I decided to do a reread of Orphan Master’s Son, which I read a few years back. It’s pretty rare that I reread a book, but I recommended the book to a student, and I realized that though I raved about how good the book was, I couldn’t really remember why I’d liked it that much. When my local library serendipitously had the book in stock, I checked it out--and nearly finished the entire thing in one weekend. Even though I already know much of the story (though it’s also shocking how much I’d forgotten), Orphan Master’s Son remains an entirely engrossing reread. On the other hand, I don’t know if it’s as good a book as I originally felt.
There’s no need to retread old ground in a follow-up review, so I thought instead I’d cover some stray thoughts, inelegantly organized.
First, though the book is about North Korea, I’m reminded how much of an American story it is. Because, above all else, the story is about the triumph of the individual, the power of individual choice and sacrifice. In that way it’s implicitly also anti-Communist and directly challenges bleak tales like 1984. The book suggests that one’s identity--given and assumed--matters, and that we have power even in a world determined to strip away that strength. Though these qualities and messages are not uniquely American, they are the hallmark values of our national mythos. For this reason, though the book takes place almost entirely in North Korea, with Korean characters, names, and even words, it doesn’t feel nearly as foreign as one might imagine.
There’s also some interesting questions about sacrifice. Jun Do sacrifices everything, including his own life, to rescue his love (Sun Moon) and her two children. But in doing so, he also sacrifices the lives of others, such as Commander Buc and his family. His action is undoubtedly noble, and presented that way, but there’s also something wrong about seeing the most privileged members of North Korean society escape while others suffer. I do suppose learning about Sun Moon’s tragic upbringing makes her less elite and more “worthy” of saving, though, of course, the idea of who’s “worthy” to live is repulsive in itself.
And I also wonder if the novel doesn’t over-glorify pain (or the endurance of horrific levels of pain). Jun Do has had “pain training” that allows him to withstand even the most hideous forms of torture, and there seems something perverse in that “strength” being used as a measure of his worthiness. In this way, perhaps 1984 is a better way to go, in a similar way as I prefer Slaughterhouse-Five’s take on war to traditional war stories. By praising enduring pain, aren’t we, in some way, praising the infliction of pain itself? As if torture is a test of fortitude to determine the fittest, rather than simply a reflection of humanity’s capacity for cruelty and inhumanity.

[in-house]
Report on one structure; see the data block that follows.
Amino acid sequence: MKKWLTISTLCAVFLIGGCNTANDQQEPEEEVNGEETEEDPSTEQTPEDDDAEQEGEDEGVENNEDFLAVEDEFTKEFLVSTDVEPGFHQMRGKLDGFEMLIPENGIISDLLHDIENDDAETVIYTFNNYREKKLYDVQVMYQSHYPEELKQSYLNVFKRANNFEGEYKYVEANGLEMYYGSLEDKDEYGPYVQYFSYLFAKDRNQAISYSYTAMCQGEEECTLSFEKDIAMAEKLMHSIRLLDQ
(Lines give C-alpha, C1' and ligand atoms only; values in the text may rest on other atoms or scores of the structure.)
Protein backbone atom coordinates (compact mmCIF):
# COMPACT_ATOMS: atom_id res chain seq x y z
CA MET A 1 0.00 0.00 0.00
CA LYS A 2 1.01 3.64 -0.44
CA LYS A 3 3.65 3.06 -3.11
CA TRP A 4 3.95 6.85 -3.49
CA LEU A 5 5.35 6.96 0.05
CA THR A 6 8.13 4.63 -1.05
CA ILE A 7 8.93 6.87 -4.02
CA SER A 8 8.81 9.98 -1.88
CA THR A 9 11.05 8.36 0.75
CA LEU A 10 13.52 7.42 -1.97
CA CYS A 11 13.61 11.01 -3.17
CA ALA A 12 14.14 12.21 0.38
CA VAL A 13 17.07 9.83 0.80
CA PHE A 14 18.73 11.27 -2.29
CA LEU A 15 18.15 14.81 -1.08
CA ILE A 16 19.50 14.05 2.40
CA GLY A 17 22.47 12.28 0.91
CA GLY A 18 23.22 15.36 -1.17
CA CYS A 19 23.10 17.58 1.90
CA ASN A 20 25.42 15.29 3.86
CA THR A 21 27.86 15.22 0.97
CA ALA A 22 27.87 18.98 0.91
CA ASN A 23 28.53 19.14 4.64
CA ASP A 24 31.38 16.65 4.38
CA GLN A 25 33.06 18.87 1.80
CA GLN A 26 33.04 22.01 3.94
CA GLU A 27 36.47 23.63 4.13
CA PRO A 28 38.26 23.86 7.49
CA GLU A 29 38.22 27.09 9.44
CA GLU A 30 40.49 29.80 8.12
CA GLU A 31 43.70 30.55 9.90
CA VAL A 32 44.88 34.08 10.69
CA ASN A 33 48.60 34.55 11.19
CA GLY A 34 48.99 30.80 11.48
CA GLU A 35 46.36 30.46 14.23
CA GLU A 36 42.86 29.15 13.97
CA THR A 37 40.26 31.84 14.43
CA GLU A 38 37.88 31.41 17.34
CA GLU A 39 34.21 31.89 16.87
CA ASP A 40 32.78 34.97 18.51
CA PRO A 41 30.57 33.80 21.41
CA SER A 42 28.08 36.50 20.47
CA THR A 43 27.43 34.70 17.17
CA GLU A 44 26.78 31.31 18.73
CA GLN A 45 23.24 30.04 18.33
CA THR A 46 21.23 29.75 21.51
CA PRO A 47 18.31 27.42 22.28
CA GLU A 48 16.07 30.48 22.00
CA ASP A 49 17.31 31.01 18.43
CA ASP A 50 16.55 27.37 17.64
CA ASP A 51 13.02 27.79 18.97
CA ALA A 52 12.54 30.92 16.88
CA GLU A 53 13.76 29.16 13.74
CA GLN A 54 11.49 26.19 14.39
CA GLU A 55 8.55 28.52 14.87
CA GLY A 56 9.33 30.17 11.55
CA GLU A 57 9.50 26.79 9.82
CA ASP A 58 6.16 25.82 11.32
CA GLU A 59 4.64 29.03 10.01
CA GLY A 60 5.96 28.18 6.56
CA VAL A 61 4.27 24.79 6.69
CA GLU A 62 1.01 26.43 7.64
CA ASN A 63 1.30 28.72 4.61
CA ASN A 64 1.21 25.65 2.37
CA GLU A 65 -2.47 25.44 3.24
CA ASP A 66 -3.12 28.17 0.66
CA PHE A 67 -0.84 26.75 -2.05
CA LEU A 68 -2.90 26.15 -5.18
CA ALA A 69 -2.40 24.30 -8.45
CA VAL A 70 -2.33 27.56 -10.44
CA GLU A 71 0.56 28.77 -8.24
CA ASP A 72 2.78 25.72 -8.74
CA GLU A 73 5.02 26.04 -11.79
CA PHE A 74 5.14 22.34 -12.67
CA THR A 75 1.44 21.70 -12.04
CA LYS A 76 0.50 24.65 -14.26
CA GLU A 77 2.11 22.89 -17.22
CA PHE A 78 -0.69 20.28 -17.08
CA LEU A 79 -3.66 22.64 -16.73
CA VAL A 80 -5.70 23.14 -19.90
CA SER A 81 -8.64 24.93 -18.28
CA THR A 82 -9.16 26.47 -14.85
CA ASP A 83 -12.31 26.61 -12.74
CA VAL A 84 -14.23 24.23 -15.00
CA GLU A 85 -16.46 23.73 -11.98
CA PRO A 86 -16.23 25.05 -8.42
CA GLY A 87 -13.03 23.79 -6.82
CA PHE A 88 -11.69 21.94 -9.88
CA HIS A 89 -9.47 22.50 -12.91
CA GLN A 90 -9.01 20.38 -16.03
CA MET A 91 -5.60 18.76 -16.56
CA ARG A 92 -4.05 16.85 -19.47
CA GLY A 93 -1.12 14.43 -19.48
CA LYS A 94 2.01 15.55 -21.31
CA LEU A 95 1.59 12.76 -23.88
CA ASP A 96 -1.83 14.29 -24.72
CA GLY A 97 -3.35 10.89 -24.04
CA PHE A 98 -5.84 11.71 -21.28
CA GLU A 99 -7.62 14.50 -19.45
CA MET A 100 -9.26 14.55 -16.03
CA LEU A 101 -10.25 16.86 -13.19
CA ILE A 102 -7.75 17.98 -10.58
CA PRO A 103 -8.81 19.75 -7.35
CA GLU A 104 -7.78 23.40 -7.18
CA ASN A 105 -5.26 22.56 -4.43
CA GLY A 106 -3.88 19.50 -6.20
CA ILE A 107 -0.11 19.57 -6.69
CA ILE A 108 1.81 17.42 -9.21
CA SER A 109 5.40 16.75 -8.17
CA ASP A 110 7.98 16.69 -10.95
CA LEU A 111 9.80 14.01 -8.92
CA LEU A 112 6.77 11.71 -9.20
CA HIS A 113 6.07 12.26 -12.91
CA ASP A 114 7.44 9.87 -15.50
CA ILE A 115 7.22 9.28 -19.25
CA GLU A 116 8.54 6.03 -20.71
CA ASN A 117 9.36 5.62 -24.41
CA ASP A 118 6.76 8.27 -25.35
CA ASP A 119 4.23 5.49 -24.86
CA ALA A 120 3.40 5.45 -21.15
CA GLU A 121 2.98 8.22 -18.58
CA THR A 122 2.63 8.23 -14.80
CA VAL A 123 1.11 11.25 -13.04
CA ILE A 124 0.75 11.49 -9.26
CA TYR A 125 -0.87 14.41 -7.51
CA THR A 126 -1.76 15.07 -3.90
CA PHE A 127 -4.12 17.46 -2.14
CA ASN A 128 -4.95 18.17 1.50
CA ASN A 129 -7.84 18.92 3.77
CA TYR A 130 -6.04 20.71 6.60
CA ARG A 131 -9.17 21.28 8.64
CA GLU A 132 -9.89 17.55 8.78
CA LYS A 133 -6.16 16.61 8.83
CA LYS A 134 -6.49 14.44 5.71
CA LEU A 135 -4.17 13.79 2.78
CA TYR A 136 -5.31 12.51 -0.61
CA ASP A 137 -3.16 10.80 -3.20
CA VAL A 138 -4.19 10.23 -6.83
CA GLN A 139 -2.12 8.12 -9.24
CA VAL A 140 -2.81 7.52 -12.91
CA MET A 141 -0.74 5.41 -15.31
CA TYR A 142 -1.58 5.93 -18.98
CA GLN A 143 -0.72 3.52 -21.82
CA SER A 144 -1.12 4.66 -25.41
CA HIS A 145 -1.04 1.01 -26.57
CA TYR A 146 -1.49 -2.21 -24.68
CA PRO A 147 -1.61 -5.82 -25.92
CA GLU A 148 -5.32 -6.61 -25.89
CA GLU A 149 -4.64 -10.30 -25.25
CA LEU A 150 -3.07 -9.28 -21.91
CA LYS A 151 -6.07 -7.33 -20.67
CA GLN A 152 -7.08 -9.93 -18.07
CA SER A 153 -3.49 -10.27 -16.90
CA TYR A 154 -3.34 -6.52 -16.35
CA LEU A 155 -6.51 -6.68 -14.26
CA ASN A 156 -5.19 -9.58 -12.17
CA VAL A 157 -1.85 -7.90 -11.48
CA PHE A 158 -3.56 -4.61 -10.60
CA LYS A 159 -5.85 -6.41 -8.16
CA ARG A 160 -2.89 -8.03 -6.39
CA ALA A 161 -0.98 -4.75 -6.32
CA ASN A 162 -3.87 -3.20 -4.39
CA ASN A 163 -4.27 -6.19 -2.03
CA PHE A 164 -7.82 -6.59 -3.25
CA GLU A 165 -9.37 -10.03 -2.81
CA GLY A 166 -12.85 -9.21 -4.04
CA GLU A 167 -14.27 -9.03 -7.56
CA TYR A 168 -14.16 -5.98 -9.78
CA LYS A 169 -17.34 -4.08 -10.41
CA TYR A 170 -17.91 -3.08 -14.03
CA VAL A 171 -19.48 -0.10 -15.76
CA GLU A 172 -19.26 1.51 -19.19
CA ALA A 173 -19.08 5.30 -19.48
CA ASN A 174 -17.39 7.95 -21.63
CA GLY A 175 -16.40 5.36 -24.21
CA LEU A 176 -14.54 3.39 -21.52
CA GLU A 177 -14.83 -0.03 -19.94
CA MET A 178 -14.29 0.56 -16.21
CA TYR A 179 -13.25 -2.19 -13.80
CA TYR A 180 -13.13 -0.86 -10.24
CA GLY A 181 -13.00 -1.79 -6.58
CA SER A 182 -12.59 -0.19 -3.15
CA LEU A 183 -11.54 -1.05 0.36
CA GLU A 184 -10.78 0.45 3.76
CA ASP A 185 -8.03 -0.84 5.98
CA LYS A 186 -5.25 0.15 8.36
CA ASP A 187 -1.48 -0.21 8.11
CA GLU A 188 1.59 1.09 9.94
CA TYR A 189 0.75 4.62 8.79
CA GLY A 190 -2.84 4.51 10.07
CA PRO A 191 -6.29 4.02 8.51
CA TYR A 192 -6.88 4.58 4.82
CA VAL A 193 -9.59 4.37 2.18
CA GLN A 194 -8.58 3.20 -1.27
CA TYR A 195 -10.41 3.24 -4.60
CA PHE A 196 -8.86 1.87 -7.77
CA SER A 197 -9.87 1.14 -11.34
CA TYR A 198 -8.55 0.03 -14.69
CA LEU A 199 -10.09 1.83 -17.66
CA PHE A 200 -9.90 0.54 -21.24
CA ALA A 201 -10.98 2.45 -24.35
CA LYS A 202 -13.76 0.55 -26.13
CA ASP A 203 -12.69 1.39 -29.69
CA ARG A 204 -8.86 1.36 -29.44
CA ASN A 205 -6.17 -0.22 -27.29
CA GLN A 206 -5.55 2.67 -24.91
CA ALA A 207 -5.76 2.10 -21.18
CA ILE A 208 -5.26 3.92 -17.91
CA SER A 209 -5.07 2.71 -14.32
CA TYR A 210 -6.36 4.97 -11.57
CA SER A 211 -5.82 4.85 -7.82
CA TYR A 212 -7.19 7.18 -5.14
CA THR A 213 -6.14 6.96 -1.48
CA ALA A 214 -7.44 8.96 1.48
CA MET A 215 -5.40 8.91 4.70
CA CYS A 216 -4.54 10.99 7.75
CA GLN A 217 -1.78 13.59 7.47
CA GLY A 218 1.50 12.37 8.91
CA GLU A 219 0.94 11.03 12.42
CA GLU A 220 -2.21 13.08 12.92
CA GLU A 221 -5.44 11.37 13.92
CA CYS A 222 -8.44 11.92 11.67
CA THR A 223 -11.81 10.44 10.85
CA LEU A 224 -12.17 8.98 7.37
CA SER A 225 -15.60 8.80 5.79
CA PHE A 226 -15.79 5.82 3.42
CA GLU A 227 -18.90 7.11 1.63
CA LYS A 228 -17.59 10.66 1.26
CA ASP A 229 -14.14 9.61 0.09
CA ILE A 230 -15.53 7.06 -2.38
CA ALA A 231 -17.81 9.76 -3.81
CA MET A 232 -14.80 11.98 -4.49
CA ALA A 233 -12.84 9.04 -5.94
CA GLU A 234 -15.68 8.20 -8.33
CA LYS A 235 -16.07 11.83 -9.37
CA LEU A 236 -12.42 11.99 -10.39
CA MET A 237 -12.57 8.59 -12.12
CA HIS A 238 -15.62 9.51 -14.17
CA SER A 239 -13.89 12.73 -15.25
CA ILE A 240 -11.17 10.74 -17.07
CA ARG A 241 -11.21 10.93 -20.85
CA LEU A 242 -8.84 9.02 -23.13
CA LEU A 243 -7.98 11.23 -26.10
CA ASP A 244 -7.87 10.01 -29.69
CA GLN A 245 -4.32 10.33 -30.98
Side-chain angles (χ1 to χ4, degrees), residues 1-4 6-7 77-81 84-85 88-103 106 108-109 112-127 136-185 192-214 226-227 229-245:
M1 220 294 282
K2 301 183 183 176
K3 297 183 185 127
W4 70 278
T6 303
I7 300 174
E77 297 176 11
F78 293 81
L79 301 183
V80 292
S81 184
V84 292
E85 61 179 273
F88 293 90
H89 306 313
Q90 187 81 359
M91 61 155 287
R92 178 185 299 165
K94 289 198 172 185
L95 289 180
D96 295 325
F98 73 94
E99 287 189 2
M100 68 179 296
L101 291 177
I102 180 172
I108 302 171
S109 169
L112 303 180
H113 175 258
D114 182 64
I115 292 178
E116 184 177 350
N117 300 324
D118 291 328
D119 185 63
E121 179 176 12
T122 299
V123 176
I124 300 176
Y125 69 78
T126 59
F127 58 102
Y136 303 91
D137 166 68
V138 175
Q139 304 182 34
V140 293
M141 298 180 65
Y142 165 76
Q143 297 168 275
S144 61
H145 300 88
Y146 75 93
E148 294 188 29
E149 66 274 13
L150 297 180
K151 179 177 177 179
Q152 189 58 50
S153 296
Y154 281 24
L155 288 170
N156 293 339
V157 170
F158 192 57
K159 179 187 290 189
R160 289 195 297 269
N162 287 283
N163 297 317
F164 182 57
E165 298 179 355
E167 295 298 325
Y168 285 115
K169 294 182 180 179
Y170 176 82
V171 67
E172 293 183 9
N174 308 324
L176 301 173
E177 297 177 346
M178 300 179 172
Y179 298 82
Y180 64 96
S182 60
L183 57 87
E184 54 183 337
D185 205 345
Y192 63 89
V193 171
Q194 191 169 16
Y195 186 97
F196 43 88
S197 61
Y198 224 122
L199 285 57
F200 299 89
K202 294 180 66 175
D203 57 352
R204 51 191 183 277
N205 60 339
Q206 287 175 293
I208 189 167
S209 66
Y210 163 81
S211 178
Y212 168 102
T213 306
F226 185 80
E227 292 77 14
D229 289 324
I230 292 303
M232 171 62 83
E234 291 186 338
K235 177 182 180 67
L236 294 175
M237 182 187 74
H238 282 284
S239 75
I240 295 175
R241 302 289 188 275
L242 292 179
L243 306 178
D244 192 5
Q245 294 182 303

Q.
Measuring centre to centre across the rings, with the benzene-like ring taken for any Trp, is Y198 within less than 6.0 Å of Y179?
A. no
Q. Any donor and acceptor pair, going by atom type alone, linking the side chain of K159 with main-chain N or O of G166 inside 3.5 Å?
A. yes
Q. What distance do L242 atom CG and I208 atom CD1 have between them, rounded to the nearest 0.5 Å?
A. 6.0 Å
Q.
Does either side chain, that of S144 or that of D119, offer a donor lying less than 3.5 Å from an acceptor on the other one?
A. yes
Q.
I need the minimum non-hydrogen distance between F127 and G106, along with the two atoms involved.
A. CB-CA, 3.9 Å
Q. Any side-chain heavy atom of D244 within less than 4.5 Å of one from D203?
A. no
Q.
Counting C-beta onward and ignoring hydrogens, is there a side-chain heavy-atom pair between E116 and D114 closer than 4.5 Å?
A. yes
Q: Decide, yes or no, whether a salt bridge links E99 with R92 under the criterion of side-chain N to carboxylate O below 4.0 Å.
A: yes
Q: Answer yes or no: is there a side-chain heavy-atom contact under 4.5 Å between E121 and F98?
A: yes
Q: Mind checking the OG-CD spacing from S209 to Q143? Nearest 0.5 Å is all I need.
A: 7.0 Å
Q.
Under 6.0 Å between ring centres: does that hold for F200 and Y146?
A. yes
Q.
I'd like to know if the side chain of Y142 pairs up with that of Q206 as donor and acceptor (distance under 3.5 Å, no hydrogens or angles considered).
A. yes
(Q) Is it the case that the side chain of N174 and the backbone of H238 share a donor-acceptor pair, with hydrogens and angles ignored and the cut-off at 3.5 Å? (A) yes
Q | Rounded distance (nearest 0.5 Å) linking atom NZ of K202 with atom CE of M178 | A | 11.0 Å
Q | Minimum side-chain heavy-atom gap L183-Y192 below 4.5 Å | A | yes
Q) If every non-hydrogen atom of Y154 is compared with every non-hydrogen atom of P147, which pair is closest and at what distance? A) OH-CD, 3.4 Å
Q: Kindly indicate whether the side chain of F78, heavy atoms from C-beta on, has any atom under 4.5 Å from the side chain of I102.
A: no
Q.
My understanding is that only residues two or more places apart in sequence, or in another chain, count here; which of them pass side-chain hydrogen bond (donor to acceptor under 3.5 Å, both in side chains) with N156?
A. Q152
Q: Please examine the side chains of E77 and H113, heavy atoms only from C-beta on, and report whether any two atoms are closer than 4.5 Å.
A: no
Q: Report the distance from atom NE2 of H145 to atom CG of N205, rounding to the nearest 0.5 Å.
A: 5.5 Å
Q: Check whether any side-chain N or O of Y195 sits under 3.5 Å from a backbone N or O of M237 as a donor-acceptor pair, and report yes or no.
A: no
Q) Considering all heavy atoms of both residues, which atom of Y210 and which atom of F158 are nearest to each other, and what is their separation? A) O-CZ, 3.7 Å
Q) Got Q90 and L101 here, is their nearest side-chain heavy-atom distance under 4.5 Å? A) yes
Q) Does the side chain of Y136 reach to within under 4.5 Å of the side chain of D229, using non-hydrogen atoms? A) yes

You could go even farther and criticize the enormous amounts of violence in the book as a (more sophisticated) genre of the pervasive “torture porn,” which uses violence to entertain. The question makes me a little uncomfortable with my enjoyment of the novel.
And is there even an element of “culture porn,” the voyeuristic enjoyment of seeing a “backwards” culture? It’s obviously a good thing to learn about other cultures, but in this case does our enjoyment come from snickering at how blind they are? Of course, North Korea is batshit crazy, so maybe that whole “cultural appreciation” isn’t so significant.
And finally, I have some conflicting thoughts about the evils of the real Commander Ga. He’s cruel and sadistic, and the most potent evidence of this (from the point of view of the book) is his gleeful rape of men. On the one hand, rape is an absolutely despicable act, but on the other hand, this is the only mention (other than another man in charge who molested boys) of same-sex sexual acts. Now, I would argue that Commander Ga (and the child molester) are not “gay” in the sense of being attracted to men. They’re rapists and sadists, out for domination and control either in the most challenging way possible (Ga) or the most convenient/vulnerable way possible. But, again, with this being the novel’s only reference to same-sex sexuality in any form, does the book, indirectly, suggest homosexuality is deviant and cruel? I guess perhaps I wanted more emphasis on their desire for control rather than the same-sex angle.
Anyway, as noted, some unorganized thoughts. Still a book I’d recommend, but maybe a little less enthusiastically.